• Fiber: 3 g
  • Added sugars: 0 g
  • Protein: 5 g
  • Magnesium: 25.8 mg, or 6% of the Daily Value (DV)
  • Zinc: 1 mg, or 9% of the DV
  • Iron: 1 mg, or 5% of the DV

Unlike most commercial wheat breads, Ezekiel is a flourless bread made with whole grains. By contrast, the grains in most commercial wheat breads have been refined into flour—stripped of their bran and germ to create a softer bread. This decreases the fiber and nutrients in the grain. The grains in Ezekiel bread have also been sprouted, adding to its superior nutrient density.

One slice of Ezekiel bread contains more fiber than wheat bread (1.16 g) and three times more fiber than white bread ( > 1 g). Ezekiel bread is also higher in protein and contains more nutrients, including magnesium, zinc, and iron.

Ezekiel bread is a safe, nutritious option. However, it is unsuitable for people with Celiac disease or gluten sensitivity because it contains gluten from wheat, barley, and spelt.

If a person with Celiac disease consumes gluten, it damages the small intestine and causes symptoms of bloating, diarrhea, and constipation. A person with gluten sensitivity may experience similar symptoms.

  • Use it to make toast (e.g., avocado toast or with eggs and turkey or plant-based bacon)
  • Make a chicken-salad, egg-salad, or tofu-salad sandwich using two slices of Ezekiel bread and crisp romaine lettuce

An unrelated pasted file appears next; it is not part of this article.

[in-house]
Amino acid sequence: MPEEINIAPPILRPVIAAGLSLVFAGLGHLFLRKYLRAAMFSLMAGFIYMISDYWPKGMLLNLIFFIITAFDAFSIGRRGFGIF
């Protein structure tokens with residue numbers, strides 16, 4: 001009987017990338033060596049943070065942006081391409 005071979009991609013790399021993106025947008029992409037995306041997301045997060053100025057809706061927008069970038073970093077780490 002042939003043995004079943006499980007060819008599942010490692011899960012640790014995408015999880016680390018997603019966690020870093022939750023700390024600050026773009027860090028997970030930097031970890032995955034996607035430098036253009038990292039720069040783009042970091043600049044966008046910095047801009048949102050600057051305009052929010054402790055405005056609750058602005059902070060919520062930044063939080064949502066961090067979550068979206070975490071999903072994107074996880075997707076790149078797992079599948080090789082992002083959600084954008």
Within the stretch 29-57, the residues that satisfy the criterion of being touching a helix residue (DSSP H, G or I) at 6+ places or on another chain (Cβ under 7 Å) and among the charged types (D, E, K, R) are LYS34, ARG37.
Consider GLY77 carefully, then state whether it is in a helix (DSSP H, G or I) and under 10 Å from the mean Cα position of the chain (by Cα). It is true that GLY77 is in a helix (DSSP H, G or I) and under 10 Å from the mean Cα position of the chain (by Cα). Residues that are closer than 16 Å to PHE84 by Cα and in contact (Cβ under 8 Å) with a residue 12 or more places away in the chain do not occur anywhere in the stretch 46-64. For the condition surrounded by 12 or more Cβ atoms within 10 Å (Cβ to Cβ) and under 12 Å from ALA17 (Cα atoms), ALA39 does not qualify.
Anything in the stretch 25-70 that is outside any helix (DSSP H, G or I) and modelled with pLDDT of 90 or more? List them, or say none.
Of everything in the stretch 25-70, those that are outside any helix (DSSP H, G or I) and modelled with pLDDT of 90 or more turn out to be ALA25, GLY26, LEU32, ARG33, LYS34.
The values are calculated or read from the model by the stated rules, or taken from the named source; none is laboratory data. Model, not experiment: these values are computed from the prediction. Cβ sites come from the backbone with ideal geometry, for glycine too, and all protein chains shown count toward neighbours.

• Make a nut butter or cream cheese (or dairy-free cream cheese) and jelly sandwich
  • Toast and cut it into “croutons” for a leafy green salad
  • Make eggs-in-a-hole by cutting a circle out from the bread and cooking the rest of the slice on a skillet with an egg inside

Ezekiel bread is packed with fiber, protein, and a wide variety of phytonutrients (plant nutrients that provide heart-protective, antioxidant effects). With six sprouted whole grains and legumes, it has a superior nutritional profile compared to most breads.

Ezekiel bread’s sprouted grains and legumes contribute to its digestibility and gut-health benefits. The fiber and quality plant protein may also aid in blood sugar control, heart health, and weight management.

Though a nutrient-dense and low-calorie option, Ezekiel bread contains gluten. People with Celiac disease or gluten sensitivity should not consume it.